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THE C7

GENERAL STATUTES

OF THE

STATE OF NEVADA.

IN FORCE.

FROM 1861 TO 1885, INCLUSIVE.

WITH CITATIONS OF THE DECISIONS OF THE SUPREME

COURT RELATING THERETO.

ARRANGED AND ANNOTATED BY

DAV. E. BAILY AND JOHN D. HAMMOND.

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Entered according to Act of Congress, in the year A. D. 1886,

BY DAV. E. BAILY AND JOHN D. HAMMOND, In the office of the Librarian of Congress, at Washington, D. C.

Rec. Sept. 17.1894

PREFACE.

The legislature of 1885, by an Act approved March fifth, appointed the undersigned to prepare a thoroughly arranged and annotated copy of such laws of the State of Nevada “of general and public interest” as should be in force on the thirty-first day of March, 1885. The work was also to contain “the constitution of this state, the laws of Congress in regard to naturalization, and the various Acts of Congress relating to the grants of land by the United States to the State of Nevada, with brief annotations or references to the decisions of the supreme court,” together with a comprehensive and complete index; and it was further provided that the said work should be done to the satisfaction and approval of the Justices of the Supreme Court, or a majority thereof.

It will at once be seen that such a work is essentially different from a Code. We had no authority whatever to change the law, to supply any omission or cure any defect, and yet were constantly called upon to judge as to what statutes were in force and of general, public interest, and to eliminate such as were obsolete, superseded or only of local and private effect. In view of these facts we have striven to keep upon the safe side-to give too much rather than too little. Our aim has been to embody in the work all necessary matter, yet to publish nothing superfluous or redundant.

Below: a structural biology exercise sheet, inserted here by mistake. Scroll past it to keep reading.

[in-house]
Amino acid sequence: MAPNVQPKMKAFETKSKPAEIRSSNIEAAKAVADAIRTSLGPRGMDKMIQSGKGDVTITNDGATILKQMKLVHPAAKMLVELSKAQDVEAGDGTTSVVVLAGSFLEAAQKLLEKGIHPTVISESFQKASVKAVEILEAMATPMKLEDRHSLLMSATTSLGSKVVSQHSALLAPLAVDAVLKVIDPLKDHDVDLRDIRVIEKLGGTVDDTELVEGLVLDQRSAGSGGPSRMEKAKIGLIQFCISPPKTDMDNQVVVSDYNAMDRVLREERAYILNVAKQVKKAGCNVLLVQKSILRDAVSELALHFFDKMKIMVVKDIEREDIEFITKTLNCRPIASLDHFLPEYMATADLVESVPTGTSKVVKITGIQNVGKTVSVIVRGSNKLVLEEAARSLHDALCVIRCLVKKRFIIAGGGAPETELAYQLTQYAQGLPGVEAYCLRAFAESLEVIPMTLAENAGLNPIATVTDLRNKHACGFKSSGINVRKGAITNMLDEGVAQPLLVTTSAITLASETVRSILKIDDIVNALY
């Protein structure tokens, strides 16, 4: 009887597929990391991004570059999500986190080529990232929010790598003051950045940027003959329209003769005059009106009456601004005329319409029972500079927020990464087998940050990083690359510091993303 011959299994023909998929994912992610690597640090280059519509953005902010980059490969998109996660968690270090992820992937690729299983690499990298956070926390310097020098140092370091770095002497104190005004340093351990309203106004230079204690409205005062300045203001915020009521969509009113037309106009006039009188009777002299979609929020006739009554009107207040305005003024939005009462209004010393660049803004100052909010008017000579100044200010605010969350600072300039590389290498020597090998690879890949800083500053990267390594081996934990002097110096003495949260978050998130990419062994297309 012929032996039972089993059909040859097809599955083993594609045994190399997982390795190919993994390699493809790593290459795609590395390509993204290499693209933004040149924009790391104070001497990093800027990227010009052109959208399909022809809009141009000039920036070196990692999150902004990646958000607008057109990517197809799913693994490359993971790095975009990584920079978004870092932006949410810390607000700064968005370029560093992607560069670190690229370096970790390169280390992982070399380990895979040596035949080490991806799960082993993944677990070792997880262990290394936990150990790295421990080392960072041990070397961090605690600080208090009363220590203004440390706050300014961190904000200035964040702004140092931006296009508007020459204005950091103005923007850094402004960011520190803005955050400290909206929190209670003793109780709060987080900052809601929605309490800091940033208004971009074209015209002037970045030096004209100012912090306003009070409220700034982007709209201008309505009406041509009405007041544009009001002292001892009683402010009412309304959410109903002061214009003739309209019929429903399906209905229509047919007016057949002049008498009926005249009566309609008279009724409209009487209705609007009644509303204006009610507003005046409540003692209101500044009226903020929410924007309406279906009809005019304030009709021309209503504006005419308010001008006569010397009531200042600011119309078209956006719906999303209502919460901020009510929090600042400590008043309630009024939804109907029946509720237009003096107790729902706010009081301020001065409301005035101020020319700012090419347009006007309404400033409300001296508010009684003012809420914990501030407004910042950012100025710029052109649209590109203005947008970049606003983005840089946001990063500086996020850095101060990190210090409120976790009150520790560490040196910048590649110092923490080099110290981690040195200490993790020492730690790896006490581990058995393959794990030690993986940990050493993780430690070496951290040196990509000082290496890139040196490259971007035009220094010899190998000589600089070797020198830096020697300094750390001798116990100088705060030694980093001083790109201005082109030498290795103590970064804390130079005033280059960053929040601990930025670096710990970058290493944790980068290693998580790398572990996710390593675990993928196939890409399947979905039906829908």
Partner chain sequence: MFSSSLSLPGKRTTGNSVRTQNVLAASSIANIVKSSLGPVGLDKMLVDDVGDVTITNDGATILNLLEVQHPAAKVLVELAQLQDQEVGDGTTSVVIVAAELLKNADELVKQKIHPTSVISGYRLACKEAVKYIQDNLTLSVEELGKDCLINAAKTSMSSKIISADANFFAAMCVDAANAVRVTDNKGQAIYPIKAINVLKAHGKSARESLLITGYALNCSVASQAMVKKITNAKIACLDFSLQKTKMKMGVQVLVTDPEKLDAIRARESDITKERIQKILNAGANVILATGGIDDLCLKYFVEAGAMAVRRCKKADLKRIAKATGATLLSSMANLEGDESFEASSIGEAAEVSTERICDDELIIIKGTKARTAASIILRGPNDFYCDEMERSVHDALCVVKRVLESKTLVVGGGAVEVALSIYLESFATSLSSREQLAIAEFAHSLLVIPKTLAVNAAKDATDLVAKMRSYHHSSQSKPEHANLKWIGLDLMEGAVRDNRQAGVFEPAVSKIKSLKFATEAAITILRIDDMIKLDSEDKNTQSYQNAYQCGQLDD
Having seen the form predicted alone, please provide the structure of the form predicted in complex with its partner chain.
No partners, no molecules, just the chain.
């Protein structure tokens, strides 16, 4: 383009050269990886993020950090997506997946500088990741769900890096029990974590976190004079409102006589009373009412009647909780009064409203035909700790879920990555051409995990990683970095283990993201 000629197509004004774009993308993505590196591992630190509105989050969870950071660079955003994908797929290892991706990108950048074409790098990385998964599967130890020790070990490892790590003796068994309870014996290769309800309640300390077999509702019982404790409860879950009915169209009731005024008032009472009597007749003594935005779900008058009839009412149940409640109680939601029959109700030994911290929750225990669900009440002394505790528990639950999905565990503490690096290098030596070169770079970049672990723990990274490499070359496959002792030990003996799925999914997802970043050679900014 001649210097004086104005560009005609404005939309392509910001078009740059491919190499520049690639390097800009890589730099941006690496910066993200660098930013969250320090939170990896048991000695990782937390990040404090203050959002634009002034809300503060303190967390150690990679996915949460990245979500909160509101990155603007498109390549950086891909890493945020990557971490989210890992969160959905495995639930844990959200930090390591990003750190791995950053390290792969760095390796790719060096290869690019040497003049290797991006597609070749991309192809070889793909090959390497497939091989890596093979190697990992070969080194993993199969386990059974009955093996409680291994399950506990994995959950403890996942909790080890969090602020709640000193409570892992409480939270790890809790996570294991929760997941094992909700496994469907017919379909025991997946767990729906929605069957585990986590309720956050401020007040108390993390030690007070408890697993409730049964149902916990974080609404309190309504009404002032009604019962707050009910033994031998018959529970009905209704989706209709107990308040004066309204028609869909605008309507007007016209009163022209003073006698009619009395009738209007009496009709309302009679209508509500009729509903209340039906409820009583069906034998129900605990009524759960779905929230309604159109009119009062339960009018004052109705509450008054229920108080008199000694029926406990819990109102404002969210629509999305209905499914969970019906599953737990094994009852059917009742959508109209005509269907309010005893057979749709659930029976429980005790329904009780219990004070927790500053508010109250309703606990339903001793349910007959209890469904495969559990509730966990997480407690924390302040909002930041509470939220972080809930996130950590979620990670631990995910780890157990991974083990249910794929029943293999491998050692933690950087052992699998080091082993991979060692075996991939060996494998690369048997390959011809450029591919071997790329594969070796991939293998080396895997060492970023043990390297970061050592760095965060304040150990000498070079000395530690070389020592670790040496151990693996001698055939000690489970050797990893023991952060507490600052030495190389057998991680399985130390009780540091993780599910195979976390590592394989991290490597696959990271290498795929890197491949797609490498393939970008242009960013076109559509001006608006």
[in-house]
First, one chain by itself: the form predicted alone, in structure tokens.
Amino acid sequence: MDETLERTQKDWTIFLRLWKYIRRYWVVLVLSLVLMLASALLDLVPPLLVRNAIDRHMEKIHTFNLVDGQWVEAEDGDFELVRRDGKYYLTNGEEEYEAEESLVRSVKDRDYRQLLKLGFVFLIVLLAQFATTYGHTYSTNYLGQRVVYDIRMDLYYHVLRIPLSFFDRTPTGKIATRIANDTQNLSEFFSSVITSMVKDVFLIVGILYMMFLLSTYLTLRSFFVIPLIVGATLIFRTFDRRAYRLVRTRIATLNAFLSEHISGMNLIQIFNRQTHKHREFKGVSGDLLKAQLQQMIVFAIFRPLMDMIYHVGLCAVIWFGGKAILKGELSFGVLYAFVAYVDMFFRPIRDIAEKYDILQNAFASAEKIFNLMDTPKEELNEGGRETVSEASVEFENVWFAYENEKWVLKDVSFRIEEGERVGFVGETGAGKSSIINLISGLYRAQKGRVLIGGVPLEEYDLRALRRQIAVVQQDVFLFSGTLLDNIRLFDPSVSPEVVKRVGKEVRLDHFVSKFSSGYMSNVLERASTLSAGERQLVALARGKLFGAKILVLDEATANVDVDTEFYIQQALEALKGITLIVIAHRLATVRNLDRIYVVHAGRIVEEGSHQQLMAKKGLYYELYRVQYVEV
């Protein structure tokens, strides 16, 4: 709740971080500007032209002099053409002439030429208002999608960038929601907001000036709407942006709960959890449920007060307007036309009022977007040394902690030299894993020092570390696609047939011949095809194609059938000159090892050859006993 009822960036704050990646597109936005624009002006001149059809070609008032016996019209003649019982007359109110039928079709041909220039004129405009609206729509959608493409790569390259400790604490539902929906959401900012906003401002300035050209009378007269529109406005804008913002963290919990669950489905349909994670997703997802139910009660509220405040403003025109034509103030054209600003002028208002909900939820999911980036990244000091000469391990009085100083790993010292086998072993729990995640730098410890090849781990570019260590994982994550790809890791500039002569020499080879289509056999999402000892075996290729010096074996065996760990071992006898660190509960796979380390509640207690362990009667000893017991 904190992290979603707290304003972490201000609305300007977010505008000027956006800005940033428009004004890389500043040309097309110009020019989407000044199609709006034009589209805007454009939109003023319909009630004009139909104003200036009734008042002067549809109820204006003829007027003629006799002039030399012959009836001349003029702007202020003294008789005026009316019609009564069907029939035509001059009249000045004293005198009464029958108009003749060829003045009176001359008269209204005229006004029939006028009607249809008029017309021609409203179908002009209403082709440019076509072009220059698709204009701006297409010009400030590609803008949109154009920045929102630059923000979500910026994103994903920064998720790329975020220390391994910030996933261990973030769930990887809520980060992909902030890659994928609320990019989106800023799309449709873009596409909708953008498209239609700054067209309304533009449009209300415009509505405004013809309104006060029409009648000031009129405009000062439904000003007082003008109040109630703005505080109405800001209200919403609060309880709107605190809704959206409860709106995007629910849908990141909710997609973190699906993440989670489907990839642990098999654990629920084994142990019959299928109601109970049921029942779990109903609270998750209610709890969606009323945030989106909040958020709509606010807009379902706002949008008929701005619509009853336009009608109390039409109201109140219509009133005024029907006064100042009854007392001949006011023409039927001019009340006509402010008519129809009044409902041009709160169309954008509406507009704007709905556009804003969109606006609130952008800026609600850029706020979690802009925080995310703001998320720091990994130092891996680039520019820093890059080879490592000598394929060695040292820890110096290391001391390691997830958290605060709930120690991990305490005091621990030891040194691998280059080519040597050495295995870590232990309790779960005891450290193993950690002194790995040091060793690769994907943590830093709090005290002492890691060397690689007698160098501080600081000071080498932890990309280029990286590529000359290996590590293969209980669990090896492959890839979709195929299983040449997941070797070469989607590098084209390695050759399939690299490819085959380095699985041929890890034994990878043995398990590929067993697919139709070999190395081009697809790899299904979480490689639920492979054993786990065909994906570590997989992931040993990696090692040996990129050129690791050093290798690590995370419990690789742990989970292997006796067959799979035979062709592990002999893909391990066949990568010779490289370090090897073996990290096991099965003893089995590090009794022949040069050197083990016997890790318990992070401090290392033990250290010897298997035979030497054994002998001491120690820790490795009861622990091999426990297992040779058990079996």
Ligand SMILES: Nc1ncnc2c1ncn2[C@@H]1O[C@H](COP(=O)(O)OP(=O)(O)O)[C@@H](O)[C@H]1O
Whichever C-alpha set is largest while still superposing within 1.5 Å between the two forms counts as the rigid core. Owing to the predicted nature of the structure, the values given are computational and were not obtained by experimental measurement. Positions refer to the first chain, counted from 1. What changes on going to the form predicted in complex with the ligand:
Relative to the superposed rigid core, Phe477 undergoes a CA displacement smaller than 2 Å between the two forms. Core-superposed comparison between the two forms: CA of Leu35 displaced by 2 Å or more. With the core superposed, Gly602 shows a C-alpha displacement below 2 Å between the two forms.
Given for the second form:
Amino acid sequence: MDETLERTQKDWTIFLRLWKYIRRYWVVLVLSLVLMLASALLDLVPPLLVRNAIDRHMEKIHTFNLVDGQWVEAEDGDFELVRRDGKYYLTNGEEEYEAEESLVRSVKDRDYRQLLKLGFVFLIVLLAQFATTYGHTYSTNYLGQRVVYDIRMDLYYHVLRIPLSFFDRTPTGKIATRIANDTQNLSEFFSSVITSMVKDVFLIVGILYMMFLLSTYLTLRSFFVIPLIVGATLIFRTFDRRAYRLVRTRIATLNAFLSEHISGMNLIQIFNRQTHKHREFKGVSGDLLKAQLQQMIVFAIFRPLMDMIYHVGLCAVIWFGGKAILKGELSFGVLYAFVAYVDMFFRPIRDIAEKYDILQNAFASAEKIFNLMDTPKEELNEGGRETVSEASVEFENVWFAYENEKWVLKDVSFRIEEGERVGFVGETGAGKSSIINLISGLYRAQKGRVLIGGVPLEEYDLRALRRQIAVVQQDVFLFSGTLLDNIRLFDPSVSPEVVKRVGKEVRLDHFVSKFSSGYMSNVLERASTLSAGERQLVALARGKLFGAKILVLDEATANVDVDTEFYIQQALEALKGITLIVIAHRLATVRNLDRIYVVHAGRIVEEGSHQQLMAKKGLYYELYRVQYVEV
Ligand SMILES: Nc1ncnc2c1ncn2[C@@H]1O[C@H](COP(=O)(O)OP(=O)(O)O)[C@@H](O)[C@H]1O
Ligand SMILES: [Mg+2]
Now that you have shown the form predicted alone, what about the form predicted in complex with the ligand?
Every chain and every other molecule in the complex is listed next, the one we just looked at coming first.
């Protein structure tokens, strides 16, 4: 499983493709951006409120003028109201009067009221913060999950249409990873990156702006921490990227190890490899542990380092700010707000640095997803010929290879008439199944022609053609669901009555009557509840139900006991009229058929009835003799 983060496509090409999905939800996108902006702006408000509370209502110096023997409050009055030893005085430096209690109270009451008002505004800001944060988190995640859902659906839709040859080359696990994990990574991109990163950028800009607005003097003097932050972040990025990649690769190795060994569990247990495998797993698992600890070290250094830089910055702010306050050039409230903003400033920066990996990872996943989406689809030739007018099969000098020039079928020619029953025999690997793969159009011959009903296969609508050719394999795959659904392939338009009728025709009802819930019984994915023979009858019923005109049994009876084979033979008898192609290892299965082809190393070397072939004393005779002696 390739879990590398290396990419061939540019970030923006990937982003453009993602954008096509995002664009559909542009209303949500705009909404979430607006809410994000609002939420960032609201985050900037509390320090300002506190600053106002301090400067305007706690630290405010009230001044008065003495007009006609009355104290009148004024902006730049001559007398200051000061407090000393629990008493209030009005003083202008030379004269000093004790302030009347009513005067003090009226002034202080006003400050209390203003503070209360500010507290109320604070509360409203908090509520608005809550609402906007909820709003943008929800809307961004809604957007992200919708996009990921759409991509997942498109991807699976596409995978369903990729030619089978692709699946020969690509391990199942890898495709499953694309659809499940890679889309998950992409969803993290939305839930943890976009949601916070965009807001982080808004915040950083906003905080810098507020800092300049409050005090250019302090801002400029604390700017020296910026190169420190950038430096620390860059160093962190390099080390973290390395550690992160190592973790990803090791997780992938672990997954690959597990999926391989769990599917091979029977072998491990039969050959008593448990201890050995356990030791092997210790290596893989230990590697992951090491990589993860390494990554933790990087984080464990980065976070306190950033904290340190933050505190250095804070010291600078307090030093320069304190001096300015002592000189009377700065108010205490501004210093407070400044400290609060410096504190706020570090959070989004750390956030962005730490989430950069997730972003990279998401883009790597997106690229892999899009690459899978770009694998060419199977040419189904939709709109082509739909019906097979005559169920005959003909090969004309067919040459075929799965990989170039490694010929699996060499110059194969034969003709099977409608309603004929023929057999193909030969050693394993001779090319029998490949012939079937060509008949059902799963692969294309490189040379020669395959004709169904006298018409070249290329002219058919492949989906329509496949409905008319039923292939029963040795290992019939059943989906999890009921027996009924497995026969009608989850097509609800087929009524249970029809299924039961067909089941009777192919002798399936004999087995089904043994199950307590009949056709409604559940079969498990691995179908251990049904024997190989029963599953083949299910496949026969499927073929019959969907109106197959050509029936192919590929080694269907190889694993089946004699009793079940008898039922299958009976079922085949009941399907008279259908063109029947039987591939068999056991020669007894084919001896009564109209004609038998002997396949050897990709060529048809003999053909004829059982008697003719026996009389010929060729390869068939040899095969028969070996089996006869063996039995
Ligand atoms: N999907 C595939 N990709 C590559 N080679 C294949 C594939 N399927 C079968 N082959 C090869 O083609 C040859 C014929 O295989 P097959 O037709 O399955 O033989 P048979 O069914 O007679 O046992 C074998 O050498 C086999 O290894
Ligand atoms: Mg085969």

The language of the original sections has not been changed, nor has any portion thereof been omitted, even though parts of some sections are plainly obsolete and parts of others' as plainly superseded. Where entire sections have been omitted or amendments substituted, the authority for the omission or change has uniformly been given. We have refrained from making notes upon the force or construction of any section or statute, except in a few important cases, when the authority for the same has been cited.

From the first, it has been deemed best that the work, if not too large, should be in one volume. To this end, we have condensed as much as possible. The enacting clause of each statute has been omitted, as well

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